Featured Alumnus: Jason K. Parker ’91


Featured Alumnus: Jason K. Parker ’91

Featured Alumnus: Jason K. Parker ’91

Many of the men who walk through Alumni Gate matriculate to top-tier institutions in the fall, where they will begin to build on the foundation of excellence that has been laid by Avon Old Farms. Other students, however, go on to answer a higher call following commencement. 

About a month after graduating on the Village Green in 1991, Jason K. Parker reported to the Beast Barracks at the United States Military Academy at West Point. This was Parker’s goal even before he arrived at Avon. 

“Nobody in my family had ever been in the military. I just didn’t really want to do what everyone else did.”

While at West Point, Parker played baseball, football, and studied engineering. He credits Avon for helping set him up for success. 

“AOF was the bedrock from which I launched the life I wanted to live and not the life I was born into, and proves to be a touchstone for me even now, over 30 years since I attended. My years at Old Farms allowed and fostered my eventual success at West Point and in my life thereafter.” 

Parker embraced the full Avon experience as a student. He served a term as secretary of the Student Council, was a Head Dorm Monitor, a member of the Spirit Club and Social Affairs, sang with the Riddlers, was a Varsity Baseball captain, played Varsity Basketball, and was an integral part of the 1990 Varsity Football Team now enshrined in the Avon Old Farms Athletic Hall of Fame. 

“Avon Old Farms was a place of incredible opportunities, where there were high expectations placed upon me, where my brothers and coaches were highly motivated, and the faculty and administration kept me accountable. It was at AOF where I saw true leadership for the first time in my life,” Parker says.

It was clear to Parker that it takes a lot of people working together to make things happen at AOF. This was partially why he decided to fund the t-shirts for this year’s APK 5K run. The school-wide run, held every year on Veterans Day, was organized in memory of Andrew M. Pedersen-Keel ’02, who in March of 2013 was killed in action in Eastern Afghanistan. Students and staff could then buy the custom shirts for $20 with proceeds benefiting APK Charities, the non-profit Andrew’s parents established in his memory to help Connecticut veterans in need.

Parker indicated the other reason he agreed to support the cause is his shared experiences with Pedersen-Keel. Both matriculated from Avon to West Point before going on to serve their country.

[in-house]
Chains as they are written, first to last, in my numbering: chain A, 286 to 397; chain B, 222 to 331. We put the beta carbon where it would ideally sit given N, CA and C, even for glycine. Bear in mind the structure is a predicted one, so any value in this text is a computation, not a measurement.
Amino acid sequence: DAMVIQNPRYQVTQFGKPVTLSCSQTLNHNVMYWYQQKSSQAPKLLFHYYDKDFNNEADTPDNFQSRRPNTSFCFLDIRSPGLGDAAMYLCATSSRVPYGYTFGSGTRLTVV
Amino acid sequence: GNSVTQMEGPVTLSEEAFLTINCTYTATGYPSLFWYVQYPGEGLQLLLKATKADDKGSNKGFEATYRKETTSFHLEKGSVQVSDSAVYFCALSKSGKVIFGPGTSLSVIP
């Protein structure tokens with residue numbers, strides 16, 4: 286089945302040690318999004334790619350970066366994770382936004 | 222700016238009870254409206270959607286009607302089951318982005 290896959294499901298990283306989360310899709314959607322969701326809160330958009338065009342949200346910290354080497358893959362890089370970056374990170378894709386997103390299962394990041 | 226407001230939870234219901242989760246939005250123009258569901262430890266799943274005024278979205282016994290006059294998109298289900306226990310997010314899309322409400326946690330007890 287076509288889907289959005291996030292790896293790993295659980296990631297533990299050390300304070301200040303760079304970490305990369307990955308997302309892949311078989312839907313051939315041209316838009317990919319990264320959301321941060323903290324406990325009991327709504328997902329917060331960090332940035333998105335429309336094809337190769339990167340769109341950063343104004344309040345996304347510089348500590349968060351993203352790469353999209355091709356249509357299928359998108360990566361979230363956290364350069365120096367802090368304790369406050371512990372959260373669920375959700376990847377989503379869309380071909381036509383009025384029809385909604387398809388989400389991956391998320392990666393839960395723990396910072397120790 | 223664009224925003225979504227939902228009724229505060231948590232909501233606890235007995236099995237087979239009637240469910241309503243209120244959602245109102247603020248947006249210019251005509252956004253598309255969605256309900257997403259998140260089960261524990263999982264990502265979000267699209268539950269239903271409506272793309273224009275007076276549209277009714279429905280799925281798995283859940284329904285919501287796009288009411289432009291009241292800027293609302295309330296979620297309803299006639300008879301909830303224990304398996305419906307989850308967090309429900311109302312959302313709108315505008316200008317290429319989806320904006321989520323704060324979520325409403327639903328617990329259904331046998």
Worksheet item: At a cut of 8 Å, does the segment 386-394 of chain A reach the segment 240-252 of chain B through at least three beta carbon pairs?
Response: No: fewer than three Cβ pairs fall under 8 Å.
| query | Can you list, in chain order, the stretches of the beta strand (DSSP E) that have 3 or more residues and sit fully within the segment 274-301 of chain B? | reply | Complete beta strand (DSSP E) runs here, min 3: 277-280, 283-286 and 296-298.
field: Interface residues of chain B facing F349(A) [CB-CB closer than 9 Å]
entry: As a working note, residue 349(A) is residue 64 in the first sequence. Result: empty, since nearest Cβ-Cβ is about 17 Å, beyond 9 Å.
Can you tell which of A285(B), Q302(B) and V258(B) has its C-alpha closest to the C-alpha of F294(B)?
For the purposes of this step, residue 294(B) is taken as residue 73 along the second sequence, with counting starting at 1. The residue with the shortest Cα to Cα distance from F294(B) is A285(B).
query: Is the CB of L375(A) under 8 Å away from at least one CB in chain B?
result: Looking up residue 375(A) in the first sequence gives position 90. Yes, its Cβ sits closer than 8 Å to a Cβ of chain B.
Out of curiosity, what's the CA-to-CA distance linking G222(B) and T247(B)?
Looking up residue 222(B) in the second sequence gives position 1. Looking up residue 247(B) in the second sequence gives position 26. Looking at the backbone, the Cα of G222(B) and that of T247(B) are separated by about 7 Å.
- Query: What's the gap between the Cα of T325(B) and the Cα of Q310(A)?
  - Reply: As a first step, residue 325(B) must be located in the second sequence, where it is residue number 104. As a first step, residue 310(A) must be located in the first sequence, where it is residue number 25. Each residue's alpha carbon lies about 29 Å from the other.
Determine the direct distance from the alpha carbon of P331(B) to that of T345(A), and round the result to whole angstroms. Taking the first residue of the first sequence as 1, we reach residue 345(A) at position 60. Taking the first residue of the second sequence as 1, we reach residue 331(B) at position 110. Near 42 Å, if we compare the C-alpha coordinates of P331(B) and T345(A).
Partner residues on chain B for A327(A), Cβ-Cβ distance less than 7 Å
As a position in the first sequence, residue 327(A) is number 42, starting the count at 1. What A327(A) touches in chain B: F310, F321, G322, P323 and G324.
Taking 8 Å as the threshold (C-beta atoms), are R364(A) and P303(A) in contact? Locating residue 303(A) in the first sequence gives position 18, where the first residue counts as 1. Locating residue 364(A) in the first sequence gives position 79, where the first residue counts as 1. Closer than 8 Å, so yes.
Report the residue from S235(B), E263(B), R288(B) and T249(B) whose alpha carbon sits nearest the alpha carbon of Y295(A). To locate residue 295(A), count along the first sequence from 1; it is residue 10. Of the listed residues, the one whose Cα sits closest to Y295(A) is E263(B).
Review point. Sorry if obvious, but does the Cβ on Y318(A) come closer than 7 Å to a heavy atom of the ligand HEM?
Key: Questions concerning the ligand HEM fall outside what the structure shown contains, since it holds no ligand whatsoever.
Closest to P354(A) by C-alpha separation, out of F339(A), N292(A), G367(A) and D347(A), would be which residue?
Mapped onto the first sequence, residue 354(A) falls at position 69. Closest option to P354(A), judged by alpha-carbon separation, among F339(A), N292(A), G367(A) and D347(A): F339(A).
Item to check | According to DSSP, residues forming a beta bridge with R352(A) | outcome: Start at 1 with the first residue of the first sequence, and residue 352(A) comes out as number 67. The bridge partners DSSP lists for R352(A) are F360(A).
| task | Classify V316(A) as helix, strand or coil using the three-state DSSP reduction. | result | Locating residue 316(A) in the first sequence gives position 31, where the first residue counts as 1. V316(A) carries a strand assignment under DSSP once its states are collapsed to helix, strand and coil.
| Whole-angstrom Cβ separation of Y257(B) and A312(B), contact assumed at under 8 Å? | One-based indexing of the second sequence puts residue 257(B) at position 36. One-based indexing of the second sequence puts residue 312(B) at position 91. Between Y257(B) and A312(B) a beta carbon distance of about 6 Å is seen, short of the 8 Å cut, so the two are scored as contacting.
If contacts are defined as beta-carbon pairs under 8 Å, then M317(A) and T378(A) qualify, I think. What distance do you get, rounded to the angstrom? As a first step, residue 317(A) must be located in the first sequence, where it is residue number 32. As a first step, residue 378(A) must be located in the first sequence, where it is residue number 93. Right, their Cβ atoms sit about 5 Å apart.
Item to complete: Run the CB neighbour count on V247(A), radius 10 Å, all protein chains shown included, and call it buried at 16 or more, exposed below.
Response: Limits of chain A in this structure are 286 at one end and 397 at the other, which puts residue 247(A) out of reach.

"My part was a small piece that I was happy to perform," Parker says. "Additionally, APK and I are linked by some shared experiences, and although I never met him, I know him. He is me and I am him; he is us."

He indicated that Pedersen-Keel, and veterans everywhere, are the reason the AOF community are all together, in relative comfort, at an amazing school. 

“Admirable in their example and noble in their purpose, the least we can do, one day a year, is remember someone we know who wore the uniform,” Parker said on Veterans Day. “Today, I remember APK.”

After his service came to an end in 2001, Parker put his engineering degree to work in the Silicon Valley region of California, where he has lived with his family for more than a decade. He now runs a wealth management advisory business and pursues various philanthropic endeavors. His reasoning for the latter sounds similar to what Avon boys have been taught for generations. 

“I would just say it is important for me to do what I can, to live a life I am proud of and that takes doing worthy things. I talk to my family about service: to self, family, community, and country. While we cannot expect any of us to do all of it, we can expect all of us to do some of it. For our system to work well, we all have to give some of ourselves to it, in whatever way works best for each of us.”

He admitted that he would like to do more for and at Avon, but the timing has not worked well, with California being across the country and having children to raise. Now that those kids are all college age or above, he hopes to be able to visit more frequently. 

“We came back last year for a football game against Kent, got to meet Coach Wholley, and celebrate with Kevin [Driscoll],” Parker says. 

For Parker, AOF was instrumental to his life, past and present, and he maintains many of the relationships that began as a student. 

“A few days ago, I was in Florida with three of my classmates playing golf. I just got a text with video from a teammate whose son was on Ryan Field getting some snaps, as a freshman! I am excited to see what the future holds.”